Wake County Cracking Down on 'Influx of Gangs'
Posted November 8, 2007
Raleigh, N.C. — Four suspects involved in a carjacking, police chase and deadly shooting are tied a Latino gang, according to authorities.
The one suspect who escaped from police custody for a day is in this country illegally, officials said.
Nelson Hernandez and two others connected to the crime are in jail. They are part of a small, but violent group that is getting the authorities’ attention.
When police surrounded an apartment in west Raleigh Tuesday night, they were looking for Hernandez. He was accused of a crime spree that started in Raleigh and ended in Durham with him escaping from a patrol car.
Something else got the attention of investigators, however. They say Hernandez and the other suspects in the case are members of the "Latin King Gang."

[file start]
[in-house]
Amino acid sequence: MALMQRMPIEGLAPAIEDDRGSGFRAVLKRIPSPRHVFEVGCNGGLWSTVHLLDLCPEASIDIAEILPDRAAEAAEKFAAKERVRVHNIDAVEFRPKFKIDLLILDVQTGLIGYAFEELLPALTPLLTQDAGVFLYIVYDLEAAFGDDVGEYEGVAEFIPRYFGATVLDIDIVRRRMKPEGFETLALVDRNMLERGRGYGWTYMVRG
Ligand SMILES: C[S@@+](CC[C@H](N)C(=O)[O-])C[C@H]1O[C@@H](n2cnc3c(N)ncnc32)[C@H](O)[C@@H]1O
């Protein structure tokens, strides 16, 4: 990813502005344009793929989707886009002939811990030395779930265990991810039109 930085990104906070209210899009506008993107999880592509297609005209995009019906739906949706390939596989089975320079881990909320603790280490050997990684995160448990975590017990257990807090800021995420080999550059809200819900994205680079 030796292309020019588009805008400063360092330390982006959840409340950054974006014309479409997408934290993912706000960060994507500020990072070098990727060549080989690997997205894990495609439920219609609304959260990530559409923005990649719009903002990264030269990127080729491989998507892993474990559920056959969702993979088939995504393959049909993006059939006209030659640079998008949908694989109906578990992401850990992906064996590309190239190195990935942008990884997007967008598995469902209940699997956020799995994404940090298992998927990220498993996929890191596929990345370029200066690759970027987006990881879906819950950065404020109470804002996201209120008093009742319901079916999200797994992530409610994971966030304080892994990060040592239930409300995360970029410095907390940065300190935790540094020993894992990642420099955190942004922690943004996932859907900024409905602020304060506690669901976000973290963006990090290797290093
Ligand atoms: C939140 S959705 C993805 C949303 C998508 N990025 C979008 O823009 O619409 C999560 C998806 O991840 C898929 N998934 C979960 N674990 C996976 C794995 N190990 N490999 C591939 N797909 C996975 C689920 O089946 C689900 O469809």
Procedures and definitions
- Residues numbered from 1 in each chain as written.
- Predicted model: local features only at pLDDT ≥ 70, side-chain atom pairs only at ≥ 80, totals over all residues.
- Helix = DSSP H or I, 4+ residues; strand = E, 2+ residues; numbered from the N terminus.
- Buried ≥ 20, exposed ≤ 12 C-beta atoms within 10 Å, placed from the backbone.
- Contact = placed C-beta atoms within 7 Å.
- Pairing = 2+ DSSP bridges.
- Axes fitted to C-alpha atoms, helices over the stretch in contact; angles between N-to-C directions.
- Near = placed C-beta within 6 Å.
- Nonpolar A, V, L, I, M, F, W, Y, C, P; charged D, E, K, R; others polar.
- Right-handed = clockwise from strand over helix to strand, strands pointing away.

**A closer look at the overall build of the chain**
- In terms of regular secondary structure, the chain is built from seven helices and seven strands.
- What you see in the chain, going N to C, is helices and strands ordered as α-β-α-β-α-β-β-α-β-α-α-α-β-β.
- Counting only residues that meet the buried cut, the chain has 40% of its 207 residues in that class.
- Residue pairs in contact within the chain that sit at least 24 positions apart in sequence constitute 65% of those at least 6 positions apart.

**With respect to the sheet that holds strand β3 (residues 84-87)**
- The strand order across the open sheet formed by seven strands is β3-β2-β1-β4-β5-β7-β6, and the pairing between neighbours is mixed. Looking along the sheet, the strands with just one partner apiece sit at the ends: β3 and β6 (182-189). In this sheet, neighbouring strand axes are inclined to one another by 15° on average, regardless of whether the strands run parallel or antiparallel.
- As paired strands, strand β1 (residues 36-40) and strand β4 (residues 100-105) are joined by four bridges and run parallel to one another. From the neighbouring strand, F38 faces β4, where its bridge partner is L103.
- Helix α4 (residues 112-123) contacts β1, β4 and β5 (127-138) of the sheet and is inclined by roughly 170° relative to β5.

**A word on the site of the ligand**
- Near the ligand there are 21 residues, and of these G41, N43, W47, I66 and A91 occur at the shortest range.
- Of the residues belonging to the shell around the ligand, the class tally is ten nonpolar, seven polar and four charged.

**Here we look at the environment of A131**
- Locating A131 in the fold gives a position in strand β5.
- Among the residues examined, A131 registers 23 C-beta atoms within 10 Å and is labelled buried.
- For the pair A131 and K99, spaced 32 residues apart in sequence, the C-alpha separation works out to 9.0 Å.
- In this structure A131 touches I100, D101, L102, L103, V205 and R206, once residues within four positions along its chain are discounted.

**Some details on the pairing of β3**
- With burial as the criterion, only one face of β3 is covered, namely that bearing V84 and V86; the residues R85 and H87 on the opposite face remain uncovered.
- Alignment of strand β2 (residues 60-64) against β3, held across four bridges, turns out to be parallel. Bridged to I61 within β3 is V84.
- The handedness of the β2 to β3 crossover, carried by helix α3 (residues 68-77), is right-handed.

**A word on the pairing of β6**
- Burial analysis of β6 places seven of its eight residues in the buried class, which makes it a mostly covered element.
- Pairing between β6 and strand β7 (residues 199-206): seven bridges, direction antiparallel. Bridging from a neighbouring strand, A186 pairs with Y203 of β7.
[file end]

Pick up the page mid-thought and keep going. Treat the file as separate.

Sgt. Ray Rivera tracks gang activity for the Wake County Sheriff's Office.
“Like anywhere else in this country, we've seen an influx of gangs here in this area,” he said.
One of the main things investigators look for when they're trying to determine whether there's gang activity in a neighborhood is gang graffiti.
Raleigh police track individual gang members by filling out profiles. As of Thursday, they had identified 2,000 gang members. Six percent of those are Latino. Investigators said they are a small, but increasingly violent group.
Maj. Ken Mathias oversees gang units in the Raleigh Police Department.
“It starts out as kids playing around. But as potential gang members grow in the gang and become full-fledged gang members, so does the violence increase,” he said.
Officers say the key to stopping the violence is keeping teens out of gangs.
“The more you are involved in a young person's life, the less chance they have of going the wrong way. I mean, that's the bottom line,” Rivera said.
"The emerging gang problem is one that the police department is not going to be able to solve by arresting people," Mathias said. "We can't arrest our way out of this problem."
Raleigh police said they're working to break down language and cultural barriers that make it difficult to investigate the cases.